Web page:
Fundraising dried up as events were cancelled but funders dug deep, meeting weekly (now fortnightly) to deal with emergency funding needs. In turn, charities utilised their reserves and applied only as needed.
Many volunteers found themselves categorised as ‘vulnerable’ and were unable to continue, even if they wanted to, but Islanders volunteered in their thousands to step up and help, although bringing new volunteers on board in these circumstances is obviously much more difficult.
The needs of Islanders also changed over this period, and continue to change. As food banks and delivering meals become less of a priority, the needs of vulnerable children, and those suffering the side and after effects of lockdown become more critical.
As we move to meet today’s needs it’s worth taking stock of the skills we each drew upon and found most useful in dealing with recent changes.
How can we put those to good use in the future? How did your organisation deal with the changes it faced? What ‘sacred cows’ had to be abandoned? Rather than go back to the way things were, what changes could be for the better in future?
They say that necessity is the mother of invention, and this is our opportunity to learn from this experience and make changes for the better.
We at the AJC have some online training which may be of help, in recruiting and retaining volunteers, and also on fundraising. We are adding to this as we can.
If you have any experiences or ideas you would like to share please get in touch.
Thu, 16th July, 2020
Charities are responding pragmatically: what is the state of play, funding applications, general response (3 months since ‘lockdown’)
As we know, all charities had to close their premises, and curtail their services, just like all business in the island. But charities support the most vulnerable in Jersey society, and they couldn’t just sit back while the pandemic gripped us all. Charity clients needed more support than ever, and charities stepped up to the plate with pragmatism!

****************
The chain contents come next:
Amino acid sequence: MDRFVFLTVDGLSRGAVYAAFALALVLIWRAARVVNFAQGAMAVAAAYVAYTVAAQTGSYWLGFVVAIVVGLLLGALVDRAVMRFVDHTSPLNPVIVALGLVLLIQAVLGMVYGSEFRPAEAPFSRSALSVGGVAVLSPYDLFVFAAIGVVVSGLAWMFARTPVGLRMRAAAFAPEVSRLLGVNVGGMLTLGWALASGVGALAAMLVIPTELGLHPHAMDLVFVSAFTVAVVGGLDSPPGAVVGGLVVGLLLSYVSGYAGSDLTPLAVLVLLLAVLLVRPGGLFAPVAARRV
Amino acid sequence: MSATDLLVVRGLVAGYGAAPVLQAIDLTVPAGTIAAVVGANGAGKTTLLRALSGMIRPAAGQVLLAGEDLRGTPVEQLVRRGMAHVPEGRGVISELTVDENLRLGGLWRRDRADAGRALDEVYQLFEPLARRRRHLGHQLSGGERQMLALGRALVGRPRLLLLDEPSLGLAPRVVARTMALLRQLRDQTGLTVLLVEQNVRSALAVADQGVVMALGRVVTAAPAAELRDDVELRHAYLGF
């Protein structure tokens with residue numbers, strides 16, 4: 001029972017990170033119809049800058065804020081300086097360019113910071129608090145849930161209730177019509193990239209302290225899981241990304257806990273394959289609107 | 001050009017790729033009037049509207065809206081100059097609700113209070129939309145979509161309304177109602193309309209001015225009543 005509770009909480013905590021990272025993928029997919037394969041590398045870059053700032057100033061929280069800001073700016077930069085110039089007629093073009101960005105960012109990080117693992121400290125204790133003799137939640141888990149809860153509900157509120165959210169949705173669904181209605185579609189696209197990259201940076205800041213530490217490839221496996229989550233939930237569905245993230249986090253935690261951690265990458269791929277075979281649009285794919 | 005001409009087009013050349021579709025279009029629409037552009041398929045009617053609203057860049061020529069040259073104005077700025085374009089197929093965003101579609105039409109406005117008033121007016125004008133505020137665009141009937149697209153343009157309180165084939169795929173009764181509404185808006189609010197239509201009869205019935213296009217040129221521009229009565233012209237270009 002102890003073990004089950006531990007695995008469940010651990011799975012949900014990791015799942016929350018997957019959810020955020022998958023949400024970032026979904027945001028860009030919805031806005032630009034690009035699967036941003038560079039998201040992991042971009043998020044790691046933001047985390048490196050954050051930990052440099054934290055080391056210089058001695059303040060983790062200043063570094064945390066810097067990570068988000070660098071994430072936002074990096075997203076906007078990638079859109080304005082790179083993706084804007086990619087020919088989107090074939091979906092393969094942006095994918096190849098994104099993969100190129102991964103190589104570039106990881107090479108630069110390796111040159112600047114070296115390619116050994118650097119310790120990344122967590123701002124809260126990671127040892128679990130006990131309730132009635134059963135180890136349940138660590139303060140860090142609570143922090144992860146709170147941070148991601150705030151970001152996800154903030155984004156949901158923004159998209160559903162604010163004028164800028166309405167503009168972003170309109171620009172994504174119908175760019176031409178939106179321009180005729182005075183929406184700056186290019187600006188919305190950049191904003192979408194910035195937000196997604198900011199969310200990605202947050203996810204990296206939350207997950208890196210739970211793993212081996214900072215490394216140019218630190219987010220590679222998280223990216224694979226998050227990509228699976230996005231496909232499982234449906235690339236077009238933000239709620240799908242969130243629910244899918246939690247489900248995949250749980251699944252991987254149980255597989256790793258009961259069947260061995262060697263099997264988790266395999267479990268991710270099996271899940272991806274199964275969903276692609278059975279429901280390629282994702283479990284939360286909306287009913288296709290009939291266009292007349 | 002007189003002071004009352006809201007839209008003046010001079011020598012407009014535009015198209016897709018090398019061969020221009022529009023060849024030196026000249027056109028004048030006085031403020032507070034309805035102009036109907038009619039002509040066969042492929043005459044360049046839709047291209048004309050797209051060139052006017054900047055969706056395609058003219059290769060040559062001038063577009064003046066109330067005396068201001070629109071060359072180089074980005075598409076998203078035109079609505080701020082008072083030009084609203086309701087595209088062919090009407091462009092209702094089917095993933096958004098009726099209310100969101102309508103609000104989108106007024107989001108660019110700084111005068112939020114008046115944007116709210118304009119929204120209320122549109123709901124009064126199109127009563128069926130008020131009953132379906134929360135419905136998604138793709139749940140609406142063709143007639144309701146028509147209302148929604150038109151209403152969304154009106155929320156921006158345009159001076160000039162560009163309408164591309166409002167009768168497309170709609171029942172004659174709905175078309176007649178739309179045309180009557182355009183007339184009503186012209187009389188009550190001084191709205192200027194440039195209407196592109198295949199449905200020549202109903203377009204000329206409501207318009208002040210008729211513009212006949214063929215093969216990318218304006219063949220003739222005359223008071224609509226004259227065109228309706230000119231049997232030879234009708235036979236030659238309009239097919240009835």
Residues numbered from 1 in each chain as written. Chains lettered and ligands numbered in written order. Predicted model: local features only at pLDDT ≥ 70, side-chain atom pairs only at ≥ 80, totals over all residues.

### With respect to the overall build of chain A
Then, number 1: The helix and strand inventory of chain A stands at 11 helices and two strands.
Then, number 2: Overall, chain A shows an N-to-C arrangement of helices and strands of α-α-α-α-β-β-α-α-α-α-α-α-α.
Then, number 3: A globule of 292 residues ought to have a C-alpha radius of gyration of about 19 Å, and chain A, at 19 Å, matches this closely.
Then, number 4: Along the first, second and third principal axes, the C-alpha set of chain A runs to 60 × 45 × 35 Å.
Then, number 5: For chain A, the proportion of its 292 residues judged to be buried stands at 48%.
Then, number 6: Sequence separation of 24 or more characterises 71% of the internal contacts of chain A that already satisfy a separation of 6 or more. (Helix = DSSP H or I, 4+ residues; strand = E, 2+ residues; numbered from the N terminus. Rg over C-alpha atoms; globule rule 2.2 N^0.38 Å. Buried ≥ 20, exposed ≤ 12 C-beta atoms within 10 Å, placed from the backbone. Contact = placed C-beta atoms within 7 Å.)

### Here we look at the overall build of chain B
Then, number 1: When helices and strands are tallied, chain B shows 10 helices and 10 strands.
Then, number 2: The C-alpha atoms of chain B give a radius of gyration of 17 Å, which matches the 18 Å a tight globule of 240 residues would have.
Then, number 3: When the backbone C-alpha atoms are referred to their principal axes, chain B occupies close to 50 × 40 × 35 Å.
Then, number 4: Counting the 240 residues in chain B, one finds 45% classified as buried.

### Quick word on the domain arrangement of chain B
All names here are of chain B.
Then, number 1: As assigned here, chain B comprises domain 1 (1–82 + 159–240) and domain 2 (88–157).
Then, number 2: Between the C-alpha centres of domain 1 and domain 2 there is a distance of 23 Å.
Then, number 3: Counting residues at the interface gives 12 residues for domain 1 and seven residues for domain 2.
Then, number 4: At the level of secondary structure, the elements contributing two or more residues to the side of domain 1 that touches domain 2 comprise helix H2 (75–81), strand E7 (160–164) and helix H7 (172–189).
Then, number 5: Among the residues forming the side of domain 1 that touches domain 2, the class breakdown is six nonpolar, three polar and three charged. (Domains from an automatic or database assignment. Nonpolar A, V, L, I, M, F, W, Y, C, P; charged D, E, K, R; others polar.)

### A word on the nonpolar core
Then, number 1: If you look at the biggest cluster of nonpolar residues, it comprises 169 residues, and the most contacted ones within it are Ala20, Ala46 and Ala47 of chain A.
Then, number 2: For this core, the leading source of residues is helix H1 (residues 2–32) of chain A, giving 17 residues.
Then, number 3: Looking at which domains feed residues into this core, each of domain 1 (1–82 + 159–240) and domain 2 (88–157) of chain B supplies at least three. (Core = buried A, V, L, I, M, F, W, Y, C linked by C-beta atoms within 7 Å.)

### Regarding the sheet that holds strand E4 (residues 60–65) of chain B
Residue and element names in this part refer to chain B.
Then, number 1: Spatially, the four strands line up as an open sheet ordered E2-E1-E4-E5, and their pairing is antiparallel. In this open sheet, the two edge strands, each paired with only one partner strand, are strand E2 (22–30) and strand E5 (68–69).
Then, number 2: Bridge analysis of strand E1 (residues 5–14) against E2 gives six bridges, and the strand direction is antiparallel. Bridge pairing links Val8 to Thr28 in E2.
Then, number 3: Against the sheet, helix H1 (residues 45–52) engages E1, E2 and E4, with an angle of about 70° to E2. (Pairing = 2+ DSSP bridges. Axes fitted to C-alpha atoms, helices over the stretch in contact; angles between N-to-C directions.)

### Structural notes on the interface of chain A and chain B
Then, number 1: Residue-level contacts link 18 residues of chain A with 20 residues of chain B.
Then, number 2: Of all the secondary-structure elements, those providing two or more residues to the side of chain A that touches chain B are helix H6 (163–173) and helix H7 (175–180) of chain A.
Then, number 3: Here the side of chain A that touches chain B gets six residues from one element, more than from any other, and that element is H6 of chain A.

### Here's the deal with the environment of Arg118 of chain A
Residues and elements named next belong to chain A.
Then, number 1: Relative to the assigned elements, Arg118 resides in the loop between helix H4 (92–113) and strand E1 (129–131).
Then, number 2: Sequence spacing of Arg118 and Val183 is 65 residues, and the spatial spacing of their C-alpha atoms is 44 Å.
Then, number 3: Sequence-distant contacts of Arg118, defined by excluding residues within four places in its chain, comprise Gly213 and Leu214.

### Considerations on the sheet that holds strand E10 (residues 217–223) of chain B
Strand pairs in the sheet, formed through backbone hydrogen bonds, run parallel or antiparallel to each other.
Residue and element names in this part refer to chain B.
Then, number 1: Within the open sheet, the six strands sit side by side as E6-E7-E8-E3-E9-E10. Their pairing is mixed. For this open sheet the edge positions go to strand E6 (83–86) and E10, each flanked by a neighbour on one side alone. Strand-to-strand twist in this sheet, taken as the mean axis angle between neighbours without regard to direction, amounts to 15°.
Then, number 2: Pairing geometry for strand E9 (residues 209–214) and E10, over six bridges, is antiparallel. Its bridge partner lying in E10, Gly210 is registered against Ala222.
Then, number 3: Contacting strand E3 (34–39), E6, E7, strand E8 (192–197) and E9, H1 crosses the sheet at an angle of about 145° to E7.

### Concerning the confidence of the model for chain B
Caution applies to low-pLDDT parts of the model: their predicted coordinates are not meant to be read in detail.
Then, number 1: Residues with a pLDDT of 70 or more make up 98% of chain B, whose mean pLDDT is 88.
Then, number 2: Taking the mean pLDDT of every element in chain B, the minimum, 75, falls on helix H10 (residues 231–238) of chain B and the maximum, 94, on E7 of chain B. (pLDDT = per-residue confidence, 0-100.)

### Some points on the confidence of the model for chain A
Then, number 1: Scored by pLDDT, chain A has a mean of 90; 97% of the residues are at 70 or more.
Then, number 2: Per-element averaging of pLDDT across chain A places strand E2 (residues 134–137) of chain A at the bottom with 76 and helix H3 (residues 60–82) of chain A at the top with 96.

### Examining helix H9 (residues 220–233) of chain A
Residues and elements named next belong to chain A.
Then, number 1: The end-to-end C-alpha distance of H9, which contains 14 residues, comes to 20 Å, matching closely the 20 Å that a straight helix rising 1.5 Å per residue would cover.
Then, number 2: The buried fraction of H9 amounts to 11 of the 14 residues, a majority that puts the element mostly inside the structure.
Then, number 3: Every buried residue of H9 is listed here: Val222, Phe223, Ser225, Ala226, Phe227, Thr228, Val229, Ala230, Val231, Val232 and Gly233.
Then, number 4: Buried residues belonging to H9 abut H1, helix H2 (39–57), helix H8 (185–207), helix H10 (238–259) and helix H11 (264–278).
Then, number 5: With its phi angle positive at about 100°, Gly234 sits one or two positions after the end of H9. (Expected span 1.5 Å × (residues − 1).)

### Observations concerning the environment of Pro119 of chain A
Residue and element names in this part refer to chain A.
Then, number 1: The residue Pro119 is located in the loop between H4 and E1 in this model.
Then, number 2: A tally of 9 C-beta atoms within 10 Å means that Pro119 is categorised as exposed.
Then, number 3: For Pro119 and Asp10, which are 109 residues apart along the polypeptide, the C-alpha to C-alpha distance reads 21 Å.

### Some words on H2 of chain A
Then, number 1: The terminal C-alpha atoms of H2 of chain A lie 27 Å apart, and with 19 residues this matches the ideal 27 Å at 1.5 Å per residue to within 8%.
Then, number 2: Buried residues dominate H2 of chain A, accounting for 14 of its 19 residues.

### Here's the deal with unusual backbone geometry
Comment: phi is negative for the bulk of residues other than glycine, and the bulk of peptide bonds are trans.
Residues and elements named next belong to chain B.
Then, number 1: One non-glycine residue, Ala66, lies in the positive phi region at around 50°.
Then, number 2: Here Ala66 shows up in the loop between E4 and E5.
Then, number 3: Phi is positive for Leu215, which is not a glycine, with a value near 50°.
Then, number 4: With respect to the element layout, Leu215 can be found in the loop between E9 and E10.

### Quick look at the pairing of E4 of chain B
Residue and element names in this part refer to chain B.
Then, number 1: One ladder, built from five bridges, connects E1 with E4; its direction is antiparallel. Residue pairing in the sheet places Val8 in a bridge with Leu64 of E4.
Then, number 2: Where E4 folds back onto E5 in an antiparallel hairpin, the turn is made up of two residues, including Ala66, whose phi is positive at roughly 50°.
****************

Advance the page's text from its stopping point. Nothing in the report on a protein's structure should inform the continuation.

Keeping people fed was the one most important issue from the beginning – if people couldn’t leave their house to shop, how would they feed themselves? An army of people stepped forward to help, and Malcolm Ferey of Jersey Citizen’s Advice Bureau was redeployed to Gov.je to set up a task force to harness this outpouring of love for those in need.
Through the ‘connectme’ pages on Gov.je people who needed it could ask for help with shopping and supplies and collecting prescriptions, walking the dog! However many charity clients depend on home help or meal deliveries, and as the majority fall in to the ‘high risk’ group, they needed that extra help.
So charities that could, diversified to re-engage their volunteer force to cover all these tasks for their clients, and those clients that couldn’t afford it would receive a bag of basic foods, food and supplies from the food bank, a cooked meal daily if they needed it, a phone call or a visit, from a distance, of a friendly face to let them know they are not forgotten. Many charities collaborated with other charities and businesses to provide these services.
Donations to provide food and meals poured in from the private sector and from individuals, and as the charities were using volunteer help, the money went directly to the cost of providing this, no overheads.
With no fundraising events possible, charities were drawing on their reserves, using Gov.je payroll scheme for their staff salaries, engaging with landlords for a ‘rent break’, finding any way possible to get by. The short term is not so much of a problem for many, it will be the medium to long term that will begin to bite without any fundraising money coming in, and the Jersey Funders Group and individual funding bodies are geared up for this situation.
Tue, 23rd June, 2020
How are local charities turning to digital technologies to support their activities?